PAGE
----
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On Ubuntu's Web Page, in the Certified hardware section, it is listed Lenovo. http://www.ubuntu.com/certification/ So I decided to buy a ThinkPad from Lenovo. Just one month after I bought the notebook, the battery got a problem and it does not charge anymore. Now Lenovo won't give me any support because I am using Ubuntu. Lenovo says they will give support only for Windows users because their tools runs on Windows. They refused to change my battery before running the Windows based test. What should I do?

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closed as too localized by belacqua, Ringtail, Tom Brossman, Takkat, con-f-use Nov 3 '12 at 11:45

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Backing up your stuff and putting Windows on it may be your only solution. –  belacqua Nov 1 '12 at 15:38
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You don't have to accept Lenovo's decision, you have legal rights you can exercise under your warranty/consumer protection laws (varies by country, find & read them). I go through this 1-2x/year and always prevail. Send them a proper business letter with your demand. Just make sure it really is a hardware problem! Some people prefer to avoid the conflict entirely and swap the factory drive with another prior to first boot. That works too, but costs more. Good luck. –  Tom Brossman Nov 2 '12 at 6:18

3 Answers 3

This sounds like a hardware failure to me. Try charging it while it is powered off. If that doesn't work it definitely has nothing to do with Ubuntu.

Don't know how it is in Brazil but I would say they can't force you to have Windows installed to replace obviously broken hardware and refusing to do so doesn't sound like Lenovo at all. You should insist on them to fix this. If they need Windows to fix it, I think it's their job to swap the hard drive and install it themselves.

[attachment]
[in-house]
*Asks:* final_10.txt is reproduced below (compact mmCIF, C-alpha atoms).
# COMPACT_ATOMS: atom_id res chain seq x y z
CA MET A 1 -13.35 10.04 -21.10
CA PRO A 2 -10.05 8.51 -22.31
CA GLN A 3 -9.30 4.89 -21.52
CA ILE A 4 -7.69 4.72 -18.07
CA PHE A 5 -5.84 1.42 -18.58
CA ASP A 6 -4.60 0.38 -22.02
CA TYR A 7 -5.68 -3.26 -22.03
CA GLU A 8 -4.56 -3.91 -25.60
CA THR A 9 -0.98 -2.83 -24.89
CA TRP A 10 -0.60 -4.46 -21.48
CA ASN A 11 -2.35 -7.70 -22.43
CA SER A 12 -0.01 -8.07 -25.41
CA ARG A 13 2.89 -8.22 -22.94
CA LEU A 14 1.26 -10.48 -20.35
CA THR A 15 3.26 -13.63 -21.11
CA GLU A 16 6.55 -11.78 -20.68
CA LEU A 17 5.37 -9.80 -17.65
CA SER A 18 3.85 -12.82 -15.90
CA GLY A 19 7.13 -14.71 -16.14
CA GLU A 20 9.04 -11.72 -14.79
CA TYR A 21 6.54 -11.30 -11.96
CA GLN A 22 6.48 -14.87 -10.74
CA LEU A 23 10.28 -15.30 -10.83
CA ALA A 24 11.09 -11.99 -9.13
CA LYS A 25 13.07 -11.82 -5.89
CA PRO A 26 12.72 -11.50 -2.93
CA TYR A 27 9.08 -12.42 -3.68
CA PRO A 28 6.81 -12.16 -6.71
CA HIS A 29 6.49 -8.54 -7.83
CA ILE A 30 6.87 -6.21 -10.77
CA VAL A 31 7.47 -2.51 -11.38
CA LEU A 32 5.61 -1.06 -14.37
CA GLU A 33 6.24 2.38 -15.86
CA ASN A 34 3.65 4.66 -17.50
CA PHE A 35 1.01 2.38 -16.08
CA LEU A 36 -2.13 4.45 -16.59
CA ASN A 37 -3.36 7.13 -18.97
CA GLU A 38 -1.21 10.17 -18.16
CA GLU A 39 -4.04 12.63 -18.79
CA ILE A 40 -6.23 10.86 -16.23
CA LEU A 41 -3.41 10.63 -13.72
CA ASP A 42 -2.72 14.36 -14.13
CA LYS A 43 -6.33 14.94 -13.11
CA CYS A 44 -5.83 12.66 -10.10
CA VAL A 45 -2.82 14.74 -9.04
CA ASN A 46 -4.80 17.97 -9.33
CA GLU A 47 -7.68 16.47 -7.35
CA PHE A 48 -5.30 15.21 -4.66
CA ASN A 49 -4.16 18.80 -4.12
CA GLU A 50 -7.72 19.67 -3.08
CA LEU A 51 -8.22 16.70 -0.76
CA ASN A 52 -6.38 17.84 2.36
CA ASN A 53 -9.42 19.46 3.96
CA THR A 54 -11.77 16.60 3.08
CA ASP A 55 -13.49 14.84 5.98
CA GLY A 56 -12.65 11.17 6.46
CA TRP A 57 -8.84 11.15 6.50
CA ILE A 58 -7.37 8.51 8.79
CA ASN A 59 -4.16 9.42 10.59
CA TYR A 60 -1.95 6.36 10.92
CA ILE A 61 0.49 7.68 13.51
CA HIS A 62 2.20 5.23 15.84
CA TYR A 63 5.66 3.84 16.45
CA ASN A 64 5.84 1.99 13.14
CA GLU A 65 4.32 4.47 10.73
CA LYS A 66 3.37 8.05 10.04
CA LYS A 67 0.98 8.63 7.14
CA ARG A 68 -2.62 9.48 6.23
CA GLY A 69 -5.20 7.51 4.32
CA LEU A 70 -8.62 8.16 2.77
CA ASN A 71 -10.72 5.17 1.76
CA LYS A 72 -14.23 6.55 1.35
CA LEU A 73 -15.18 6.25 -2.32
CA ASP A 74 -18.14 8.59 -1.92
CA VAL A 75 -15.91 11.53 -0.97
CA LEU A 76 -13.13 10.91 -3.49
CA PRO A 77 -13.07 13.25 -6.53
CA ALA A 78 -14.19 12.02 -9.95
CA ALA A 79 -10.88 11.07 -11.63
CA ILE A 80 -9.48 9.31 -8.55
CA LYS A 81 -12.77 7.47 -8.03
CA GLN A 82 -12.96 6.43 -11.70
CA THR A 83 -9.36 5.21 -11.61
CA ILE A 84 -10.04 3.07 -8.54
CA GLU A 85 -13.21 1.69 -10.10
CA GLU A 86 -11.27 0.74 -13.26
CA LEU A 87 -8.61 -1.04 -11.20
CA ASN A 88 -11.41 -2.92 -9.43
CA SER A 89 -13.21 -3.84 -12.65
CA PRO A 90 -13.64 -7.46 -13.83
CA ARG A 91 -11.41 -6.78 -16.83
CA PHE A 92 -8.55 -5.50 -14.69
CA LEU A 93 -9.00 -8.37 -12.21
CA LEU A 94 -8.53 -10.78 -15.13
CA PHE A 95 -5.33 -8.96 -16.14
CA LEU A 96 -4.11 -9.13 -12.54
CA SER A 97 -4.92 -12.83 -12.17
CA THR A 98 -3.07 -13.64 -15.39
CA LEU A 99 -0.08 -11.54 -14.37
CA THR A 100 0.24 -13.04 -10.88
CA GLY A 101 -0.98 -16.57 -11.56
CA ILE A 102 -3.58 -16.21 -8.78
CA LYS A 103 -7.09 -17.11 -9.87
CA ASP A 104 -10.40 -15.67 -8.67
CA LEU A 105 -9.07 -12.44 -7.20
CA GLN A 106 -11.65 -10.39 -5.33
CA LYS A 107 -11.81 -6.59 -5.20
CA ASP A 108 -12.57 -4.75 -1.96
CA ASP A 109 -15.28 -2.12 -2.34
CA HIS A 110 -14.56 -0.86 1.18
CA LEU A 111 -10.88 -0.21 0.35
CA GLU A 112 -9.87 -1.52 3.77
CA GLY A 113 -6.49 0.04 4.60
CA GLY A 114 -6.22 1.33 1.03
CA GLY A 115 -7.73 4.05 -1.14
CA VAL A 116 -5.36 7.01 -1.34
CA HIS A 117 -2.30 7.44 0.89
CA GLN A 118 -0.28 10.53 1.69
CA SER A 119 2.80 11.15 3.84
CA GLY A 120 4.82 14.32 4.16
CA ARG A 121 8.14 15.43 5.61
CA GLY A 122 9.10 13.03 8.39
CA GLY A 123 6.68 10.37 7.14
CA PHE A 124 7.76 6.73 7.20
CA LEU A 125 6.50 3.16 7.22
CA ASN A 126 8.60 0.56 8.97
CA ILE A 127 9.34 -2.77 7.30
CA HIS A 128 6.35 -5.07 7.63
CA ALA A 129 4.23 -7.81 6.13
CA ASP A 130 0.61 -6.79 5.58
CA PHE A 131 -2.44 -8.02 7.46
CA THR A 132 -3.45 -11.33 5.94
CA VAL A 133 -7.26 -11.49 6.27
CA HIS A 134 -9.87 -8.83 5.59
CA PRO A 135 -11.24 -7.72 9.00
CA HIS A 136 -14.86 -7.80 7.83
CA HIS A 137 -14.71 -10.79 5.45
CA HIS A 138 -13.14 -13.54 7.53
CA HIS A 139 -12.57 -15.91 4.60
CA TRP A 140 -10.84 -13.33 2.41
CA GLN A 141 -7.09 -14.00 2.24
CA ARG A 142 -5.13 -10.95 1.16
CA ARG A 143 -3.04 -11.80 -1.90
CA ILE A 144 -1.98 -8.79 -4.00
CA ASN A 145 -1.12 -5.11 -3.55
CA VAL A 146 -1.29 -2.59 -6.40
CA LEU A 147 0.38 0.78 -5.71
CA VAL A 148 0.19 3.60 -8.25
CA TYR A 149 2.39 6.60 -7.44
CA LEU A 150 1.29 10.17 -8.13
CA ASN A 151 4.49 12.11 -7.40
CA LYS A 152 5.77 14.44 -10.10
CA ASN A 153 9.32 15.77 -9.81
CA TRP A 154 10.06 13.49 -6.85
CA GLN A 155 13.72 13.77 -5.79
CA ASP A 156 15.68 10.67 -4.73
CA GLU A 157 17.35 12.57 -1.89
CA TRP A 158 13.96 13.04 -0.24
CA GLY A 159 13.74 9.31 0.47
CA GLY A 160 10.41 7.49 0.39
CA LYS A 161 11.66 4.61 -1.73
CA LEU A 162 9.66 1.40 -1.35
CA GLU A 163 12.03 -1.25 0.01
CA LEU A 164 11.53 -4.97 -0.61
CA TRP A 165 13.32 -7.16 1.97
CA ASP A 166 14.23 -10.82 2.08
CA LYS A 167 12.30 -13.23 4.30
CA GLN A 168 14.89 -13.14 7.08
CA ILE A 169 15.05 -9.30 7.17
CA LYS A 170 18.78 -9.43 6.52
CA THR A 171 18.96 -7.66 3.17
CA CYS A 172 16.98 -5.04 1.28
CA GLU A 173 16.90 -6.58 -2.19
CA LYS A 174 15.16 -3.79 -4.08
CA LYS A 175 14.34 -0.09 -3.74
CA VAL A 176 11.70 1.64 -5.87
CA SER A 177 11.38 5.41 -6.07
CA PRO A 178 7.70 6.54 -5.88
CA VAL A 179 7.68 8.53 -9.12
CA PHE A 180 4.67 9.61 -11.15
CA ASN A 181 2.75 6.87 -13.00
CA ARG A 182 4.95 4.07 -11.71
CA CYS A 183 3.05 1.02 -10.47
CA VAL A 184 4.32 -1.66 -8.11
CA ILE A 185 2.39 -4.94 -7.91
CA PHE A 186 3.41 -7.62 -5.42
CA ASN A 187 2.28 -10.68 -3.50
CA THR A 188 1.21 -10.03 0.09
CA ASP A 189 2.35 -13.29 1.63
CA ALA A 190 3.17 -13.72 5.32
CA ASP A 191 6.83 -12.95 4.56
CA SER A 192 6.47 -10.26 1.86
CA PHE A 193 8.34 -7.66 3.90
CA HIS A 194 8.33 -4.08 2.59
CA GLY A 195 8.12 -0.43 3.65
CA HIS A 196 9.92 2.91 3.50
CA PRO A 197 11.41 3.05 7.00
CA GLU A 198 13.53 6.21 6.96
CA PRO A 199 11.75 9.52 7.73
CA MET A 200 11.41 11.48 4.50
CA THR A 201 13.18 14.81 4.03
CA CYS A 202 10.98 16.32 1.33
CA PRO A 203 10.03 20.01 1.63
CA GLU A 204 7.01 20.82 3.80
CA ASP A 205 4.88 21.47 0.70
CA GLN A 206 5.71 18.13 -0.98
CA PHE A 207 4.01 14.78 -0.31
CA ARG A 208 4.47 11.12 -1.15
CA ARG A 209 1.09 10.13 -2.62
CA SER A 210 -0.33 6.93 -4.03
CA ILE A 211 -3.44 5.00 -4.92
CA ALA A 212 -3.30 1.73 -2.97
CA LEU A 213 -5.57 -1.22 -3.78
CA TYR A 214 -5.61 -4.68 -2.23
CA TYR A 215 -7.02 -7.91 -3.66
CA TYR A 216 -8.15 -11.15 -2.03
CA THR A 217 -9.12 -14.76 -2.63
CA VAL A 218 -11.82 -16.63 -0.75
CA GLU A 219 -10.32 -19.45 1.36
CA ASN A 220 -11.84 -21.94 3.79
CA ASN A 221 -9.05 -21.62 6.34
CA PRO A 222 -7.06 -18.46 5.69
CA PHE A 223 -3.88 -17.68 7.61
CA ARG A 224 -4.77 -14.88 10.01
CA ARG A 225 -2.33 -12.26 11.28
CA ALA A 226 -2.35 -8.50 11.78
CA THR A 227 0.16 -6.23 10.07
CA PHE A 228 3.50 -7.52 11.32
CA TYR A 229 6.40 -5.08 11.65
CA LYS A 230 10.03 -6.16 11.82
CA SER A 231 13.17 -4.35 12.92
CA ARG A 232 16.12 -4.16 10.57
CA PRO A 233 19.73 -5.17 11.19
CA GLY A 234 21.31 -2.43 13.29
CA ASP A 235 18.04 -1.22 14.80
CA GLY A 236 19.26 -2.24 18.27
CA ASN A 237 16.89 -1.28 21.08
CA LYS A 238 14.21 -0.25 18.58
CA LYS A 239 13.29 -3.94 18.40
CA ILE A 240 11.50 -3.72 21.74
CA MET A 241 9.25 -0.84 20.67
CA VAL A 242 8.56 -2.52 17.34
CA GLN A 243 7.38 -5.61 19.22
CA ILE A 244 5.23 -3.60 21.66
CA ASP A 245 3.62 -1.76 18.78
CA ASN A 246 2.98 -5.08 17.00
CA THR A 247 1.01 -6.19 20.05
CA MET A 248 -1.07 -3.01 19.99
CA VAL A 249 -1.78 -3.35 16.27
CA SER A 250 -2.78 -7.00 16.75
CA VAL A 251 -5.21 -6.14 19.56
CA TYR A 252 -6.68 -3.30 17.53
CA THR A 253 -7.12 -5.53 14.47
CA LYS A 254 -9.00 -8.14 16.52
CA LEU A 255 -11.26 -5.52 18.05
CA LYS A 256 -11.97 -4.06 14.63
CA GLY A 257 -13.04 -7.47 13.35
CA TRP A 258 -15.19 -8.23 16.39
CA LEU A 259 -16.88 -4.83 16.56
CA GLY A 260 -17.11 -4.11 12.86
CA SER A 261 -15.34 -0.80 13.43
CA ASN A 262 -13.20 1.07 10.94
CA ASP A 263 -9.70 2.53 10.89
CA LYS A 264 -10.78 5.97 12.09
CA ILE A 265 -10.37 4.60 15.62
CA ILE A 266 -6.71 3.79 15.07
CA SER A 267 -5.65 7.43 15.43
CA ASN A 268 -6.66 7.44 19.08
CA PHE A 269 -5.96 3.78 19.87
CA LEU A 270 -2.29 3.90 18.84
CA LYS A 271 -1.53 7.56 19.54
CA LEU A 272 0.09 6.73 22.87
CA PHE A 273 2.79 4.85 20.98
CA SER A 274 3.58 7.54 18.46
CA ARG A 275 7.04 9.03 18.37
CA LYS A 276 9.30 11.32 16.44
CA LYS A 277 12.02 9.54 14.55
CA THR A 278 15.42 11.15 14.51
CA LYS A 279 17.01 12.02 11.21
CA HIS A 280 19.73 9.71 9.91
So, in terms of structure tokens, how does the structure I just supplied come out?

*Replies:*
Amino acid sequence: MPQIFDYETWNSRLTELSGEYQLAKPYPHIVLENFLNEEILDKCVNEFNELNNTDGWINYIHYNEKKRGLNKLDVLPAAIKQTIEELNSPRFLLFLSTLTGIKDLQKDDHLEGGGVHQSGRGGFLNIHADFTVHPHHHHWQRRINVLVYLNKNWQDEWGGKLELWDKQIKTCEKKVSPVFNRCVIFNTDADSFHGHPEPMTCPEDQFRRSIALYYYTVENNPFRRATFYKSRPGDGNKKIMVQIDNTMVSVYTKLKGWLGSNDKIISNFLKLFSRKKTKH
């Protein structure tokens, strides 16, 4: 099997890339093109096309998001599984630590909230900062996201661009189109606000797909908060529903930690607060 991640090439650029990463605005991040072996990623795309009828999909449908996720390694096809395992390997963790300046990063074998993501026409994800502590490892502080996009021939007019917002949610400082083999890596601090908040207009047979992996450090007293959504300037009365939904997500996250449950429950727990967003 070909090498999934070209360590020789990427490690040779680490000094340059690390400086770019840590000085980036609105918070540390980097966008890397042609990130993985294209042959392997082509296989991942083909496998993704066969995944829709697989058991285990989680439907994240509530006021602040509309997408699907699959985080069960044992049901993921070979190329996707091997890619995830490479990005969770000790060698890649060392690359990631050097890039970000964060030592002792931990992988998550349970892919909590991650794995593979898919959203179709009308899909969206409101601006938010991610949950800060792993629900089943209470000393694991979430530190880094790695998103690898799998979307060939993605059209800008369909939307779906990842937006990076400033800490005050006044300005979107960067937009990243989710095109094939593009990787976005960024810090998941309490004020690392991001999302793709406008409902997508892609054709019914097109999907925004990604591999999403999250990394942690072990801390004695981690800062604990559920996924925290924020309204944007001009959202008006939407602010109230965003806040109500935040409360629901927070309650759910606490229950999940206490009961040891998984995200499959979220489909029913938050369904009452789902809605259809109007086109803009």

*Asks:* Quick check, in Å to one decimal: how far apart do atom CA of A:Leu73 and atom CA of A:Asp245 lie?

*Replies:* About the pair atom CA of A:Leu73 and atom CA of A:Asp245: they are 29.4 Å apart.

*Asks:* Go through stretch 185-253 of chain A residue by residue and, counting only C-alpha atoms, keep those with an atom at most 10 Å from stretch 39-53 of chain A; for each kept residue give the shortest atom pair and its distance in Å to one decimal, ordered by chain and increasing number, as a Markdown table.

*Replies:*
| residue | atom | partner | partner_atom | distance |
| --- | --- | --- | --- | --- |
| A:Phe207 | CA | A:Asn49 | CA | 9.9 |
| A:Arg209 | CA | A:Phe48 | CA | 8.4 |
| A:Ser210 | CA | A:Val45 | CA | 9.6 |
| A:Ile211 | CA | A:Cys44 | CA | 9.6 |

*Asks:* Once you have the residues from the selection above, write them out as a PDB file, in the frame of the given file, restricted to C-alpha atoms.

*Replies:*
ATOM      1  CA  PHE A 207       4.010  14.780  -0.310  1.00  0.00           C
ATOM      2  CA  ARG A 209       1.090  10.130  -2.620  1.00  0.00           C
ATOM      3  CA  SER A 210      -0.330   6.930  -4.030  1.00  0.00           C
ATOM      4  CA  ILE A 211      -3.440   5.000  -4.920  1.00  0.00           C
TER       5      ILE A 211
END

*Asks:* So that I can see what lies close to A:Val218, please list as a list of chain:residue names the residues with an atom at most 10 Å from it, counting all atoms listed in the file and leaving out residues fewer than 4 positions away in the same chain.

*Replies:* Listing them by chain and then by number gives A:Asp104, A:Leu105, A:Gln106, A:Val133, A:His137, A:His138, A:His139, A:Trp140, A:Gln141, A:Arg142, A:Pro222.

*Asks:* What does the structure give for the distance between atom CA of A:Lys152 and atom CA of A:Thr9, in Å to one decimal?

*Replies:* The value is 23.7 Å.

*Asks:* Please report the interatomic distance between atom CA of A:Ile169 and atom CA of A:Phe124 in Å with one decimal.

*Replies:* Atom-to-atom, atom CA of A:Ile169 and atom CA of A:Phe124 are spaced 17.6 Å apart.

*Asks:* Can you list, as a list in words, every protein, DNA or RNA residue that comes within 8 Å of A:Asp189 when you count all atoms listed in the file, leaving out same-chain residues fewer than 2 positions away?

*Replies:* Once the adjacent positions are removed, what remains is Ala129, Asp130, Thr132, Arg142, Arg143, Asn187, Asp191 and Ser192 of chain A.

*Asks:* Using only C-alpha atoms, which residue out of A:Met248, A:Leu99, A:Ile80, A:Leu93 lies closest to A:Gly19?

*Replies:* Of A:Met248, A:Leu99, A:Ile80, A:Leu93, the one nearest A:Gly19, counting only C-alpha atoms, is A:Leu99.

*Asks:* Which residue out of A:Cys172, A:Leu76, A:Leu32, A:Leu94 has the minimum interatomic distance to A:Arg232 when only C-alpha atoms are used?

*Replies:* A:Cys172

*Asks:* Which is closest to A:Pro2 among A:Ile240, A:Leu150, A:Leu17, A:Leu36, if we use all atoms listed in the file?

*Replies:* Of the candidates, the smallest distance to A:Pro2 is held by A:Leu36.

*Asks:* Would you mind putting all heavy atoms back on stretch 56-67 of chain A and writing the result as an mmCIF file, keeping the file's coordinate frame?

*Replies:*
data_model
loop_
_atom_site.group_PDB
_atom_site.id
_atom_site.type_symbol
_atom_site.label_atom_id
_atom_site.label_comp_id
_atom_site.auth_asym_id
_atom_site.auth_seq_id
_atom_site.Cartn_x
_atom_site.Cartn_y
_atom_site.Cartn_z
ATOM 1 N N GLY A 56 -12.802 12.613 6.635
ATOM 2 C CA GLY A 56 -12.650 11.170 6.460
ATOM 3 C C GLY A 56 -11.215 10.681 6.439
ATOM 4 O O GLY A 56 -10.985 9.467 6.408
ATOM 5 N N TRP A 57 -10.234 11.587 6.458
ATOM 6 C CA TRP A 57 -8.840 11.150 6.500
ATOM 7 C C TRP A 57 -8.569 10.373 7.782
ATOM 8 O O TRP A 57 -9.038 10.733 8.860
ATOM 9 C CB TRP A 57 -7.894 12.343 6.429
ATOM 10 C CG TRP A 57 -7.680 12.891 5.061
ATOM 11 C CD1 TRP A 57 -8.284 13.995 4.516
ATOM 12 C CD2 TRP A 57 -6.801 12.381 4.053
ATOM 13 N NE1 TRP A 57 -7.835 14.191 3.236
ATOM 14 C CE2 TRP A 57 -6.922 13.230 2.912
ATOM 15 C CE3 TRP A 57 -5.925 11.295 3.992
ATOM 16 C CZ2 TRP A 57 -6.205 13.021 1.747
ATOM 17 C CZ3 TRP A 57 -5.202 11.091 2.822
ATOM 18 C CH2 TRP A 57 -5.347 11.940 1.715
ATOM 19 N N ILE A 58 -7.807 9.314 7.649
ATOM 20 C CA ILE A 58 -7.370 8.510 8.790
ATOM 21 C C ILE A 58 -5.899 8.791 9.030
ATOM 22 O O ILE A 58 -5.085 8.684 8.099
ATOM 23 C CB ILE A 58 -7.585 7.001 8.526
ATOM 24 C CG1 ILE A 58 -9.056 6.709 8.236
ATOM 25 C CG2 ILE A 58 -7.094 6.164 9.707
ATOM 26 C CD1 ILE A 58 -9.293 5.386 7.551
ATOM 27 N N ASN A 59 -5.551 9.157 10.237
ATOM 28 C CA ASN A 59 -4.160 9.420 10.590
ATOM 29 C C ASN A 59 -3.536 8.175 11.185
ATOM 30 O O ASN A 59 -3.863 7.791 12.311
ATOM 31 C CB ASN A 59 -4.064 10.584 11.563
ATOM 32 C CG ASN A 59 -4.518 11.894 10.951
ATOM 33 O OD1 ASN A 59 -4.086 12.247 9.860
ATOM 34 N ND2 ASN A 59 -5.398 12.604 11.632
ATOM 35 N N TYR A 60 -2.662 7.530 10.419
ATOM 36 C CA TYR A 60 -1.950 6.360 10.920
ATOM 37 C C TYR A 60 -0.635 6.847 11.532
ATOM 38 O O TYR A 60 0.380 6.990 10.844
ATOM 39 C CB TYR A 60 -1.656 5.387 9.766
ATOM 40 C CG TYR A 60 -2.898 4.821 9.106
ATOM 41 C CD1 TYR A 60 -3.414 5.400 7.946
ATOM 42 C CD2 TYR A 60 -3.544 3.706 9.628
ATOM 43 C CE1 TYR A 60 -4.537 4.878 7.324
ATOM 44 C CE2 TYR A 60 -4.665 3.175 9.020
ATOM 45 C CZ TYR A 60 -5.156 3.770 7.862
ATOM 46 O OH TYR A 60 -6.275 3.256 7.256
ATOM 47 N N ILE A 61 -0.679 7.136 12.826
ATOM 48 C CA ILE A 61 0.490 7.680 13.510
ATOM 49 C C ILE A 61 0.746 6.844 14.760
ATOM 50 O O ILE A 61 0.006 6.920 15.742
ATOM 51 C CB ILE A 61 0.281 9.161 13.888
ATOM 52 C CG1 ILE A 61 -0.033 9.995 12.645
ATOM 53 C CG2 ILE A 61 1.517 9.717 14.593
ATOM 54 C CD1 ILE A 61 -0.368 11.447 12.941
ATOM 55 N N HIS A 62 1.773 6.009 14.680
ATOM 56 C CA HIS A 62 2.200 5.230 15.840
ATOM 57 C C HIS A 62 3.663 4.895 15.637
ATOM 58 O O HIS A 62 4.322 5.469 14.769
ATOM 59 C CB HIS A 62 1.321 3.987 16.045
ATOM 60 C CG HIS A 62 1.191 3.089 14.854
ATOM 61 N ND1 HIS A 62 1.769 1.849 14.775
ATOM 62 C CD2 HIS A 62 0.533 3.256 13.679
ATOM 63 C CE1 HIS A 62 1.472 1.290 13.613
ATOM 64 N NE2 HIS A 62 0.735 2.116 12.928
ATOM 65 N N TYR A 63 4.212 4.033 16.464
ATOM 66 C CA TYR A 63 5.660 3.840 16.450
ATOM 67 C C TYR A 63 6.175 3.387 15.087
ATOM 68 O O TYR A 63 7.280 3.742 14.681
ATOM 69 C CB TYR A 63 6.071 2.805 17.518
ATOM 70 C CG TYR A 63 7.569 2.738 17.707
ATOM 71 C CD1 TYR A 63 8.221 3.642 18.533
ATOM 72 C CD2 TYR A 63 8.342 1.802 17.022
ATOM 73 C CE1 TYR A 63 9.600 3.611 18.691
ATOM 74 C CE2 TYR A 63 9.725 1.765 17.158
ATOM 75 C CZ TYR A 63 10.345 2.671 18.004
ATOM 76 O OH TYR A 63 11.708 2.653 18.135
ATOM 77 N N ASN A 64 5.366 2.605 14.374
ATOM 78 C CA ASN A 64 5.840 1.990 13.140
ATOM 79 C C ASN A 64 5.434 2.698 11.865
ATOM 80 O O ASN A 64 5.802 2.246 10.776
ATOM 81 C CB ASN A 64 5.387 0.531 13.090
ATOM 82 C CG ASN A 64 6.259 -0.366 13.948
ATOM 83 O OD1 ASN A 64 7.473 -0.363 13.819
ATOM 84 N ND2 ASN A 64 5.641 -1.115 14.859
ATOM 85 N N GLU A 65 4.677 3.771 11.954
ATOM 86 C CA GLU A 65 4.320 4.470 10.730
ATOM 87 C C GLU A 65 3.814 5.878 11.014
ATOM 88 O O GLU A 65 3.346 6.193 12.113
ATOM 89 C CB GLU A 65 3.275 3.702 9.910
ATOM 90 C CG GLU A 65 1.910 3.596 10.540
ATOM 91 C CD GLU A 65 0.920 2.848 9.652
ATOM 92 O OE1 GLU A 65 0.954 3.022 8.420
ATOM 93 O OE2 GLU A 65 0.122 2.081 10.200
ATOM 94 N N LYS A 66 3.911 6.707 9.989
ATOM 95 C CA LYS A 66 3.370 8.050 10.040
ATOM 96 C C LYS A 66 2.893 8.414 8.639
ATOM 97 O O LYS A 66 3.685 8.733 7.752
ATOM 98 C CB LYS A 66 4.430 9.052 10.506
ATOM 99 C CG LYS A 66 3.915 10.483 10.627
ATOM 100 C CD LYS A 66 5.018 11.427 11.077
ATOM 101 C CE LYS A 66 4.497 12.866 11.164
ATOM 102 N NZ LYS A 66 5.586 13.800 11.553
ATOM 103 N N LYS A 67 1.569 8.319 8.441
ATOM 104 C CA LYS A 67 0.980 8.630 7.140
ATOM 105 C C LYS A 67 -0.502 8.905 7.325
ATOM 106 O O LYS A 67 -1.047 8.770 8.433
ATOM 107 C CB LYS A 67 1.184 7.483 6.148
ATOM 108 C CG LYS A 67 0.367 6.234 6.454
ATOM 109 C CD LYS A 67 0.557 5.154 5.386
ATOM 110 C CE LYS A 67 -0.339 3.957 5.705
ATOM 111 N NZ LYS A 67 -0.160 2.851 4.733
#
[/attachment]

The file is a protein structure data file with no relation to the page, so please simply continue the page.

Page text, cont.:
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It doesn't get any charge at all, even when charging while powered off. :( –  LEo Sep 28 '12 at 17:59
    
Can you easily remove the hard drive yourself? Don't know the edge series that well. My Lenovo dealer accepts Thinkpads without hard drive for fixing. –  André Stannek Sep 28 '12 at 18:58
    
They were supposed to have in situ assistance, but they are not coming unless I run this Windows test before. I've offered to send the battery by mail, so they can make the test themselves, but they said they don't work this way. –  LEo Sep 28 '12 at 19:11

I turned the computer on using only the battery. Then it gives the message that it is critically low and don't boot. I did it again, but this time I entered the Bios. I waited there until the battery was completely discharged. Then I plugged the AC Adapter and booted normally. Now the battery is charging again.

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That's strange. Glad you figured it out and don't have to struggle with the support :-) –  André Stannek Oct 4 '12 at 1:32

I have had the same issue. After much fooling around, I discovered that the problem seems to be in a faulty locking switch. At times the problem is solved when I take the battery out and sharply close the locking switch. Other times in the battery component of Lenovo, it means resetting the battery under Battery Management.

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